• de-minify, not de-obfuscate. Obfuscated code generally replaces named variables with random letters, thus making it hard to read. Obviously there's no way of restoring the original code. But minified code can be restored by a parser. That seems to be what they are referring to.
  • So, what useful UI elements were removed this time? I think they're starting to run out of things to axe, but pretty much every time there is "UI improvements" in patch notes, it meat a useful element of UI was removed from the browser, often with no real means of putting it back in.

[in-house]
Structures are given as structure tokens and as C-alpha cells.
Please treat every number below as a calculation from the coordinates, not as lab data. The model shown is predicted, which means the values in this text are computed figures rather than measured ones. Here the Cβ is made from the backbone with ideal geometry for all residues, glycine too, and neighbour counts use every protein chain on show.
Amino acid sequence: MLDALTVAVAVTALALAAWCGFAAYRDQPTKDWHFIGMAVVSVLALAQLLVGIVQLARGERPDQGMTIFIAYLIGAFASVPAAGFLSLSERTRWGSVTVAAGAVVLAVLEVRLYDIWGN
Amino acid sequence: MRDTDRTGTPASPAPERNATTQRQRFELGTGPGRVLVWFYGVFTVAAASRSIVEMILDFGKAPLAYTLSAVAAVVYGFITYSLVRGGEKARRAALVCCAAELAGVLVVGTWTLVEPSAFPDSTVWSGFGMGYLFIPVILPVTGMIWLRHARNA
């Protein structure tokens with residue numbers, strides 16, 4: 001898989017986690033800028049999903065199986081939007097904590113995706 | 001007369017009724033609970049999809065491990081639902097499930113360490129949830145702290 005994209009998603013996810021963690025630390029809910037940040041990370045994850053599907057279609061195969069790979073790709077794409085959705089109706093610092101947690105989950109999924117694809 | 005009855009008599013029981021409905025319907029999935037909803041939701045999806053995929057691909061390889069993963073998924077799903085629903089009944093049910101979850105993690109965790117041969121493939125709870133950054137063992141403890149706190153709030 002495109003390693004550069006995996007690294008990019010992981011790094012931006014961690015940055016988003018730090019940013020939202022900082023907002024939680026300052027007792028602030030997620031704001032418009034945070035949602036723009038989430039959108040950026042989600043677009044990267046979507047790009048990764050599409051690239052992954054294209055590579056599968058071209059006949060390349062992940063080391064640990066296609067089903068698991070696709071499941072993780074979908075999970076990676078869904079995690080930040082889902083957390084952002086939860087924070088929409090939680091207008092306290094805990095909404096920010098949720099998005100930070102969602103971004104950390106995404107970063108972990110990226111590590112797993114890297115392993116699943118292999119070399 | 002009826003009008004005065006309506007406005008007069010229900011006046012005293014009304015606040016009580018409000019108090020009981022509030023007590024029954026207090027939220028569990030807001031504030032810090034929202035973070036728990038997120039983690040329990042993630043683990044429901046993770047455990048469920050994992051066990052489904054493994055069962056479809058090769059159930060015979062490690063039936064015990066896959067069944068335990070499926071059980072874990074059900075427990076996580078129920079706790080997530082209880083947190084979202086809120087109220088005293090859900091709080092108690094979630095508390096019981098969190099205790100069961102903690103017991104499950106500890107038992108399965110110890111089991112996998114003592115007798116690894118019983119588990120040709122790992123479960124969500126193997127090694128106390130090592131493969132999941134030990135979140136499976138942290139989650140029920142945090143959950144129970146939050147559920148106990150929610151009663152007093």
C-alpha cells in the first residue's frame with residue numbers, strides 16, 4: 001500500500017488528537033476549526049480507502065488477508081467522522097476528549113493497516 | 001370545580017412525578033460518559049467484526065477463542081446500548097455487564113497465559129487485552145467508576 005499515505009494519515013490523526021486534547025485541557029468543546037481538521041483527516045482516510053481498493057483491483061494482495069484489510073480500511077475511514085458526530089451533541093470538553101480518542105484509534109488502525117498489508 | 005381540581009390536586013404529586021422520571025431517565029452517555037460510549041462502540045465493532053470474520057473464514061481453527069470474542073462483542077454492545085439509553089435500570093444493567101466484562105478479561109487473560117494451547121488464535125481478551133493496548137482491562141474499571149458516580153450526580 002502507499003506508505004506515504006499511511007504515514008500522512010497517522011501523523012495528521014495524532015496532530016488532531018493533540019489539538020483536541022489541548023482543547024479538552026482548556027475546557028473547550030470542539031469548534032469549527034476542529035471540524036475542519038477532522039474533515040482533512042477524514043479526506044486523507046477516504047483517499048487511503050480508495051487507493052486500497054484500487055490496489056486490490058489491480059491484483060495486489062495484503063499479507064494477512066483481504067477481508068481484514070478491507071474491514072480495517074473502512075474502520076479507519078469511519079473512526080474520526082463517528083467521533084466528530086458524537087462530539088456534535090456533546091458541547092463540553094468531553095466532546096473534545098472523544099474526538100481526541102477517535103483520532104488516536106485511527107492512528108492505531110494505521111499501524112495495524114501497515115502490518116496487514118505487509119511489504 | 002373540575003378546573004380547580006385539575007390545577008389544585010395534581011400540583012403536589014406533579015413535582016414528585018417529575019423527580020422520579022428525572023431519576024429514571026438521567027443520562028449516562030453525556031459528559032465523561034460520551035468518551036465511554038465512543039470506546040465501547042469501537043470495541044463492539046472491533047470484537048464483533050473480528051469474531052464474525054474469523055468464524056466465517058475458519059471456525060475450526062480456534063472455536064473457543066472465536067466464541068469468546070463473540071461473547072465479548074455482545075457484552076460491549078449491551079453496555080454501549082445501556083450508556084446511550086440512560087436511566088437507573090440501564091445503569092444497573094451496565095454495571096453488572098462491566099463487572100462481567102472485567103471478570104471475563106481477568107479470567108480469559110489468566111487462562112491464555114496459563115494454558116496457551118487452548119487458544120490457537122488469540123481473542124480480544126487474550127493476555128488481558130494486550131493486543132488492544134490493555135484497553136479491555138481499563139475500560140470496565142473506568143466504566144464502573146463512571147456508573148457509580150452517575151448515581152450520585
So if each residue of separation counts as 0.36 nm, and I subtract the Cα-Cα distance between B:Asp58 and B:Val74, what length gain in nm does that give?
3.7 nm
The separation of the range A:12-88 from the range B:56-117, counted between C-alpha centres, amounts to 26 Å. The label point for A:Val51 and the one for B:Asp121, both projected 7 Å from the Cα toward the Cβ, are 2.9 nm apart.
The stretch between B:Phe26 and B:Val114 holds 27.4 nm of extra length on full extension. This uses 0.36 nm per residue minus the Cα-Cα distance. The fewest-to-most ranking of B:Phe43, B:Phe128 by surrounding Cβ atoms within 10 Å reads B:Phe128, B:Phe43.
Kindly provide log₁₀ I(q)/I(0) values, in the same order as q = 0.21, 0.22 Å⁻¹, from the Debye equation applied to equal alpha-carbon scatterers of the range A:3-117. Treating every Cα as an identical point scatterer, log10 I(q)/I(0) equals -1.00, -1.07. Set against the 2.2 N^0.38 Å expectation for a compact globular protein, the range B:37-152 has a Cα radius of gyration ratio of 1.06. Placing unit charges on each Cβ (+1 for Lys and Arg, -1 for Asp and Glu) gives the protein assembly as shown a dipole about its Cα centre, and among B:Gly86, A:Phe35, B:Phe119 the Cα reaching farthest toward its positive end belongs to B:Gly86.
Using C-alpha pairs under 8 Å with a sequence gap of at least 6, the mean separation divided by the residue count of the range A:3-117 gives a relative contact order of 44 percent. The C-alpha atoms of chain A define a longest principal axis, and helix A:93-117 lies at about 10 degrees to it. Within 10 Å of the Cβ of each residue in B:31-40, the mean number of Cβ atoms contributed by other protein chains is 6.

Well, good thing that 3.6.28 is still quite functional, and for all other needs, there's pale moon.

    • I can say that my request FINALLY made it into FF!

      When using the "Inspect Element" function, all colors in the 'Rules' column were expressed in 8-bit RGB --a pain which forces designers/developers to use another app to convert the values to 8-bit hex. Now all values default to 8-bit hex and have a small 'swatch' filled with the color. Very handy!

      Thank you to all the people that worked on this feature 'upgrade' --I read all of your posts on Bugzilla and stayed as active with it as needed.

  • When? Until Firefox gets that, it's not getting a place back on my desktop.